Dominion's chief examines the buyer-supplier relationship.
Customers knew the store manager by name and could communicate with him--unlike today where in most cases, it is difficult to find the store manager, and it is a definite no-no for a supplier to make a deal at store level.
Many analysts labeled this era as a period when the emphasis was on sales and not on marketing. It was argued that the customer was chasing product and all we had to do to be successful was unlock the door and man the cash registers. At Dominion, our thoughts moved in that same direction.
When i look back now to that time, I shake my head in disagreement with both our thinking and the analysts' thinking. This was a period of intense marketing principles, and sales were by no means guaranteed.
The personalized nature of each store, in itself, was the epitome of the marketing concept. It was just not as sophisticated as it is by today's standards. But it was the form of marketing at that time.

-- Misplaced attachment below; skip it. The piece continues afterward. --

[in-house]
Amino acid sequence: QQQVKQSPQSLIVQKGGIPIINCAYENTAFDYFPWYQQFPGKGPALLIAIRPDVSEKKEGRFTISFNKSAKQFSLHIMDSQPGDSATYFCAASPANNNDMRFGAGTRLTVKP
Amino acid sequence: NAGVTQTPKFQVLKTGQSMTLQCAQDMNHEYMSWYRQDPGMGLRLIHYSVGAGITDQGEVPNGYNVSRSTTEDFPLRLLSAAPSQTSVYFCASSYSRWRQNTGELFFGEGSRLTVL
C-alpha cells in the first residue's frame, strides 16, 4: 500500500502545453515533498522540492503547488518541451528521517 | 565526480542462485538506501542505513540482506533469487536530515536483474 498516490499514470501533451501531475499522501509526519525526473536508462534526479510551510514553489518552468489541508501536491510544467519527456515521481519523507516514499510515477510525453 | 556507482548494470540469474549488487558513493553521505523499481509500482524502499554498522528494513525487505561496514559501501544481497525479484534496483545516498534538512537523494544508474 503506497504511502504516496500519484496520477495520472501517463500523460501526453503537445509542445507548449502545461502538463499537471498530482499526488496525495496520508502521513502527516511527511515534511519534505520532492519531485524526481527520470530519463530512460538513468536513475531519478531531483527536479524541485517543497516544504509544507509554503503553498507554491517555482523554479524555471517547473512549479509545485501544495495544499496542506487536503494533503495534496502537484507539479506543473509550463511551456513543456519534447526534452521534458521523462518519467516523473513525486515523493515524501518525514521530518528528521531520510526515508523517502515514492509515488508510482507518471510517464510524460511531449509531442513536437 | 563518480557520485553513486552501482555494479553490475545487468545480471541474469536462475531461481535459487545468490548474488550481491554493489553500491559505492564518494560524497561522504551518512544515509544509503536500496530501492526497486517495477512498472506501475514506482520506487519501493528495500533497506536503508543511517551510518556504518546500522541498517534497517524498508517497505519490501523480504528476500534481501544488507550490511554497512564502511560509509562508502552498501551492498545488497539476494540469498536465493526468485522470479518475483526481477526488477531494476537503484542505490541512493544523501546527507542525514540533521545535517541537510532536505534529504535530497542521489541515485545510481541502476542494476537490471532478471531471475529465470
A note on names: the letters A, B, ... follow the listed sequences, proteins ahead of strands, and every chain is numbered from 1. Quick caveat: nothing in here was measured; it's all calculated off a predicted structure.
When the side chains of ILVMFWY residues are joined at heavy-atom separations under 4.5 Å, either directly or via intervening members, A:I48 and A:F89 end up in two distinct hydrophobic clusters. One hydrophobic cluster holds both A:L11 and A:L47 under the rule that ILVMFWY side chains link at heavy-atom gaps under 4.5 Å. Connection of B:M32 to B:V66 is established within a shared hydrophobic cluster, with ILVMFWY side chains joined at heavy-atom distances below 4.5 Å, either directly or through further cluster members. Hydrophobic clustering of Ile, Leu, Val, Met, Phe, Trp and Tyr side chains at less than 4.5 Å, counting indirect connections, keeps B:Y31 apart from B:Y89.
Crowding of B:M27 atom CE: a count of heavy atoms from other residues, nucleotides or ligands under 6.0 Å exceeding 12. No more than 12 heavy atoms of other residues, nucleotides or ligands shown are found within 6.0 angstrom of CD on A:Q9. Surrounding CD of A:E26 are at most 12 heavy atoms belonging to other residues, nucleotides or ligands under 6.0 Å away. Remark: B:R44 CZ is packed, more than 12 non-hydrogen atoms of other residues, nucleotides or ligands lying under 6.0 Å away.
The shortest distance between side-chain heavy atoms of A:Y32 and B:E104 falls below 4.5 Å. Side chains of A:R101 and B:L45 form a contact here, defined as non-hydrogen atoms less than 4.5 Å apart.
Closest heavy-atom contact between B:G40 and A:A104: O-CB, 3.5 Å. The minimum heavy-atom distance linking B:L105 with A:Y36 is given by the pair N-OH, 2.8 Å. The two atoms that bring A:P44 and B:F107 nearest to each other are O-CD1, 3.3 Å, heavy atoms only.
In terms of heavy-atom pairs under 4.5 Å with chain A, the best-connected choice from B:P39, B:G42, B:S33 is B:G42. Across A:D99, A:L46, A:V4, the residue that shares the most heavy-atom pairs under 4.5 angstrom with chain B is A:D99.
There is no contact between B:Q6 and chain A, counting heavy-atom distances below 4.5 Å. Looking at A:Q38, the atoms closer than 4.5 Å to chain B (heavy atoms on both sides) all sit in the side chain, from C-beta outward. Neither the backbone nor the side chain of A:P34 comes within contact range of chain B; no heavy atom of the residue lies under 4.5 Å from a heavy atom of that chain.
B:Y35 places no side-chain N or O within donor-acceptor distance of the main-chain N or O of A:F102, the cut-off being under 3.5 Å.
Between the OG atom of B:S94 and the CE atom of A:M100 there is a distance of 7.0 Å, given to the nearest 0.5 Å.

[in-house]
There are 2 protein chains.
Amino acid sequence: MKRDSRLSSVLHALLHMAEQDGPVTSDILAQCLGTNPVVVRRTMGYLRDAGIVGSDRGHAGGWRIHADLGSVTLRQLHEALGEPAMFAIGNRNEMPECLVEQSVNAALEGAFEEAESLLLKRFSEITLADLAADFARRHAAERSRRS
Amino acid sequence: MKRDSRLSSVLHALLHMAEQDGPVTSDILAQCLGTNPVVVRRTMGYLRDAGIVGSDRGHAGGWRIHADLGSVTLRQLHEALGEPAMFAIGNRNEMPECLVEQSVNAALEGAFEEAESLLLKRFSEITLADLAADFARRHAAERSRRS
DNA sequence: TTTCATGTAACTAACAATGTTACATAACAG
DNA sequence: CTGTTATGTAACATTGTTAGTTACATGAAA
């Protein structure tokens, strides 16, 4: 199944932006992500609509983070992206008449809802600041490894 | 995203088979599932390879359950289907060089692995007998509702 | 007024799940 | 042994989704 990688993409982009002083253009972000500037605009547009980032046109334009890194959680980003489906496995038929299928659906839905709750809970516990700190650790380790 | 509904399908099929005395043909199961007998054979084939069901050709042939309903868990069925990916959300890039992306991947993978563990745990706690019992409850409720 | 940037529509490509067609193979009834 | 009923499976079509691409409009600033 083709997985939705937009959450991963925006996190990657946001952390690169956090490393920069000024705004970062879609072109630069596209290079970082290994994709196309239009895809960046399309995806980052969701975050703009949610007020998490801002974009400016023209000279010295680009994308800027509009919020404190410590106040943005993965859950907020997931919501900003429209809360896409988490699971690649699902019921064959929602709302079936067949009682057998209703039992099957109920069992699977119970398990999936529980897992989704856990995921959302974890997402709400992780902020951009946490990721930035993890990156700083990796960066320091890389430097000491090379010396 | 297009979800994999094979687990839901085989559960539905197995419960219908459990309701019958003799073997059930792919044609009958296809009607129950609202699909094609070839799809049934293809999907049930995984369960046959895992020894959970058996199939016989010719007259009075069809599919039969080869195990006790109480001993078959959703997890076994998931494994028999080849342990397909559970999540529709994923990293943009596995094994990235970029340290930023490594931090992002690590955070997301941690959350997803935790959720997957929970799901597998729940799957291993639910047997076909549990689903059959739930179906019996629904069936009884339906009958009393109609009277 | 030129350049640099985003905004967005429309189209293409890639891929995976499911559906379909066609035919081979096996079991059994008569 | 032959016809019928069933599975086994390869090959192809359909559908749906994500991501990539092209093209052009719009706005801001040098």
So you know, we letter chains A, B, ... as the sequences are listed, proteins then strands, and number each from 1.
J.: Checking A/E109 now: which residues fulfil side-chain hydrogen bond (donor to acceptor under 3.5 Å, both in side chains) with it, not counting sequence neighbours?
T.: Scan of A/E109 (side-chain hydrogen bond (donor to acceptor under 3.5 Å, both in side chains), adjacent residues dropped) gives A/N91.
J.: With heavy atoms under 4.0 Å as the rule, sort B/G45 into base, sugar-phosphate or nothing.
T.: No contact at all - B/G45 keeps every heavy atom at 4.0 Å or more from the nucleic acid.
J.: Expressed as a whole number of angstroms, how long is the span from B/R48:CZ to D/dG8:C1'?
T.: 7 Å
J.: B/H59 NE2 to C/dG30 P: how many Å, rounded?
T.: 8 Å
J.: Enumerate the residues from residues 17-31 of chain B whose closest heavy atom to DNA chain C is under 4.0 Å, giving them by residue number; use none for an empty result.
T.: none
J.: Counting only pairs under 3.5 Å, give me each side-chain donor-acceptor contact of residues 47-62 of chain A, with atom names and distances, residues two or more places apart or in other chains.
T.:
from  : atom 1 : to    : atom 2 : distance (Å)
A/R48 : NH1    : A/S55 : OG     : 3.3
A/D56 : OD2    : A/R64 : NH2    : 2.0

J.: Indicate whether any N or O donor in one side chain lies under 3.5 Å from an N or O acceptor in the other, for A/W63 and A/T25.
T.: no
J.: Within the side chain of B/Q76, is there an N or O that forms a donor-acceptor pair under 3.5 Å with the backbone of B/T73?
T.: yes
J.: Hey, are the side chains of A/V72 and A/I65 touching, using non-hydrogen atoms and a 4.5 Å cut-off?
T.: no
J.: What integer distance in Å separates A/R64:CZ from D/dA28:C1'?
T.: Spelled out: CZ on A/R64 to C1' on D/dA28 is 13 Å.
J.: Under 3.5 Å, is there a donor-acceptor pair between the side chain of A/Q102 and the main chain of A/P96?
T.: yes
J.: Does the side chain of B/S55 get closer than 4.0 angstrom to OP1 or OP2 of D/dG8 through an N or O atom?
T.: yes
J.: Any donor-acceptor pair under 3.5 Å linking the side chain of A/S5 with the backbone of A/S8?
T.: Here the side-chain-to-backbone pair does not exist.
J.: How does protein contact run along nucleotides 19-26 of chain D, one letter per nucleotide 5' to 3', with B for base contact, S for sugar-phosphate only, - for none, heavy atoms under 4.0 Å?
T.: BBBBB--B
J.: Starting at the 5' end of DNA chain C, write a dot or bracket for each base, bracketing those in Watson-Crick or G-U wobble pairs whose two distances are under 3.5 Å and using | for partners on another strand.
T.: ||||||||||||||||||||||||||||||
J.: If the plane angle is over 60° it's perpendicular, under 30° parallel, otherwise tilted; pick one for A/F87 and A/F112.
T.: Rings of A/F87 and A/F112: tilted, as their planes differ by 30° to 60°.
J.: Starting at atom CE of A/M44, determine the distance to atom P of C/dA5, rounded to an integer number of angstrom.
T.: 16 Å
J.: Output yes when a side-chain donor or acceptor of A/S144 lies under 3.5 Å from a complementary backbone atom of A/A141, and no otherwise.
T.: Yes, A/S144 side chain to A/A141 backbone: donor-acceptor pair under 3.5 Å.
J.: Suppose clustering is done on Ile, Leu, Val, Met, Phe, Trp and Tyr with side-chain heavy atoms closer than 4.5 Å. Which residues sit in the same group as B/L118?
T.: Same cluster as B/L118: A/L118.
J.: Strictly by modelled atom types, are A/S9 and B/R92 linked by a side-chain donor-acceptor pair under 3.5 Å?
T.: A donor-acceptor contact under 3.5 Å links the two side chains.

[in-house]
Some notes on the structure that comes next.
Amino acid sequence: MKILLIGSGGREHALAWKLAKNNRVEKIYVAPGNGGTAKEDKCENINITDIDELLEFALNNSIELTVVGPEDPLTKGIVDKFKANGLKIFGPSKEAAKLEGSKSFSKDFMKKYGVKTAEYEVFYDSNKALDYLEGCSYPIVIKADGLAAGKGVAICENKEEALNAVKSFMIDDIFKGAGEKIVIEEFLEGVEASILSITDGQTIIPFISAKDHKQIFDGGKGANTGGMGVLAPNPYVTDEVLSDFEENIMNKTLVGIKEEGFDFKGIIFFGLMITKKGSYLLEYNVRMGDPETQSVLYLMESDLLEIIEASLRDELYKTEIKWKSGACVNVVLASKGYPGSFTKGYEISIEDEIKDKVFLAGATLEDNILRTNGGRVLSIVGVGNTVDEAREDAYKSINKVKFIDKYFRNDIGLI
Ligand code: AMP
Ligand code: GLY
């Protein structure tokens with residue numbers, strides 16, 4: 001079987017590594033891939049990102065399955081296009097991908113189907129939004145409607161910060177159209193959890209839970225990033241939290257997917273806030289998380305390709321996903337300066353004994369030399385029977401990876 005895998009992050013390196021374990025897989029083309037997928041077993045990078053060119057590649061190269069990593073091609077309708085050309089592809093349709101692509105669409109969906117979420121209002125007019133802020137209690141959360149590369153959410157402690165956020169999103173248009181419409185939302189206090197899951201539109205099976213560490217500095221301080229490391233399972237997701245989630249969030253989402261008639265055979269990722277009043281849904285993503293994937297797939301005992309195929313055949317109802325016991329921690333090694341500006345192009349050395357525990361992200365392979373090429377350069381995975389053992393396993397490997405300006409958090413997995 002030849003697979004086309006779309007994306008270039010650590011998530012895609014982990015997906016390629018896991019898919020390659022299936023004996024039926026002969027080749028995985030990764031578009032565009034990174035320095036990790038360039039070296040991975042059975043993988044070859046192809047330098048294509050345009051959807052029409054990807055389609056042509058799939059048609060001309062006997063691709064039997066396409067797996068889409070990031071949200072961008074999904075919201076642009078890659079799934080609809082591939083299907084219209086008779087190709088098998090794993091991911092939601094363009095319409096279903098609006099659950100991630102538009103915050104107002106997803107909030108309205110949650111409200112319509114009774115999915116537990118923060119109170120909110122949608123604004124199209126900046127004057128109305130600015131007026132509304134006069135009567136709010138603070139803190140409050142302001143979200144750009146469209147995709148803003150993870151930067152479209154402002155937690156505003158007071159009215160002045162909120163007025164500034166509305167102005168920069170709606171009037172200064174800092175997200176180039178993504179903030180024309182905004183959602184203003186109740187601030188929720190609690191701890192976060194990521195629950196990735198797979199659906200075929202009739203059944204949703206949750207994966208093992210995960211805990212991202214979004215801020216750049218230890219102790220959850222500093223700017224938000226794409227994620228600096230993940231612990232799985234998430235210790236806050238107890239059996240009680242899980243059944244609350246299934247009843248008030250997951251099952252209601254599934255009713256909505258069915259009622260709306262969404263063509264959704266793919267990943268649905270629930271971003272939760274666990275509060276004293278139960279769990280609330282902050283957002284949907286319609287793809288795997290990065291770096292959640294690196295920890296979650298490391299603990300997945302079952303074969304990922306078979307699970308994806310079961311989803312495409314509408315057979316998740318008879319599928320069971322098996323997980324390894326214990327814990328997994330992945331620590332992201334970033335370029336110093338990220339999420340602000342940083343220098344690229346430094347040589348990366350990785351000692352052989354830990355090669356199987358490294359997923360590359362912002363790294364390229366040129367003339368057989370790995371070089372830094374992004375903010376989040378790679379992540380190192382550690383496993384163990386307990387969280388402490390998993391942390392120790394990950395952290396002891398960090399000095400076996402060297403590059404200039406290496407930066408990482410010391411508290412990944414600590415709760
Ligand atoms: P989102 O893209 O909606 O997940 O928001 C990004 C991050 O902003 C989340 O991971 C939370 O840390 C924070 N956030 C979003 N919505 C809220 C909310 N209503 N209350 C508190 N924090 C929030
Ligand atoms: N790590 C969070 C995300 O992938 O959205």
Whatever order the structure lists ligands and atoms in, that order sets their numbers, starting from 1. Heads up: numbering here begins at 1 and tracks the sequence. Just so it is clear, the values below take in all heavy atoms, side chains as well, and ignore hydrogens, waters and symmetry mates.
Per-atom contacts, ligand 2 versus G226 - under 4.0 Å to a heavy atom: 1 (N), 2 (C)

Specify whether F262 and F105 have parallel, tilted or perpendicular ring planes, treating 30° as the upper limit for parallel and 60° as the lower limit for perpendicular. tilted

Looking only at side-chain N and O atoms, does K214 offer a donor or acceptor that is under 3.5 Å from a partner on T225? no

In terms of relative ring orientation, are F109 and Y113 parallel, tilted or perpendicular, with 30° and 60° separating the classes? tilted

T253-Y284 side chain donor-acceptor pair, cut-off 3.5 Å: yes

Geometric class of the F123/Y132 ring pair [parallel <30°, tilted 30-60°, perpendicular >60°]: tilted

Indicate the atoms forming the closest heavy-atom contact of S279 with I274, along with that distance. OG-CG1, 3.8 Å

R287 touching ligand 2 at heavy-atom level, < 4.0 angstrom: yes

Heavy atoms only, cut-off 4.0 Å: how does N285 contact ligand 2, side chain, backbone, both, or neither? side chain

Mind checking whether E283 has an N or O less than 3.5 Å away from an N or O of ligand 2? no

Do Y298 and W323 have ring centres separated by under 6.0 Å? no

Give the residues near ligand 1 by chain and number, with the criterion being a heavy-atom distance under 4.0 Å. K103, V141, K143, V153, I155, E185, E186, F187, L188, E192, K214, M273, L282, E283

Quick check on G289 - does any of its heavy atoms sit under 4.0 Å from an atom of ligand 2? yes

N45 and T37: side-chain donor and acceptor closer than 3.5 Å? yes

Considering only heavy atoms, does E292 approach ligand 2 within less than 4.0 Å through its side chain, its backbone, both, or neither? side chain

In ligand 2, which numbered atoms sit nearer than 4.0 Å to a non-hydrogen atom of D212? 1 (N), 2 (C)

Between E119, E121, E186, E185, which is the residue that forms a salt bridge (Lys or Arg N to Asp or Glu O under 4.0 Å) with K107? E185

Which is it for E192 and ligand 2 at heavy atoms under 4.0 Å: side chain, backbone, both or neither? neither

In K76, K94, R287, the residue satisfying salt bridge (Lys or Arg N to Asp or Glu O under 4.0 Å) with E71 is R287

As the population grew rapidly, store opening reached record levels, and the industry was blinded by its own expansion. The emphasis turned to efficiencies and economies of scale, and away from the marketing concepts that were successfully employed at that time.
To control this growth, we turned toward a more centralized operation, and centralized decision making. Huge distribution centers emerged. Central buying and a stream-lined management approach evolved. This marked the end of the store manager as an entrepreneur and the beginning of mass production supermarkets.
This transition all began in the late '60s and early '70s. Ten years ago when I addressed the members of the Canadian Grocery Distributors Institute in Toronto, the subject of my talk was "Who Gets Hurt When You Say No to a Salesman." Here's an excerpt from that talk: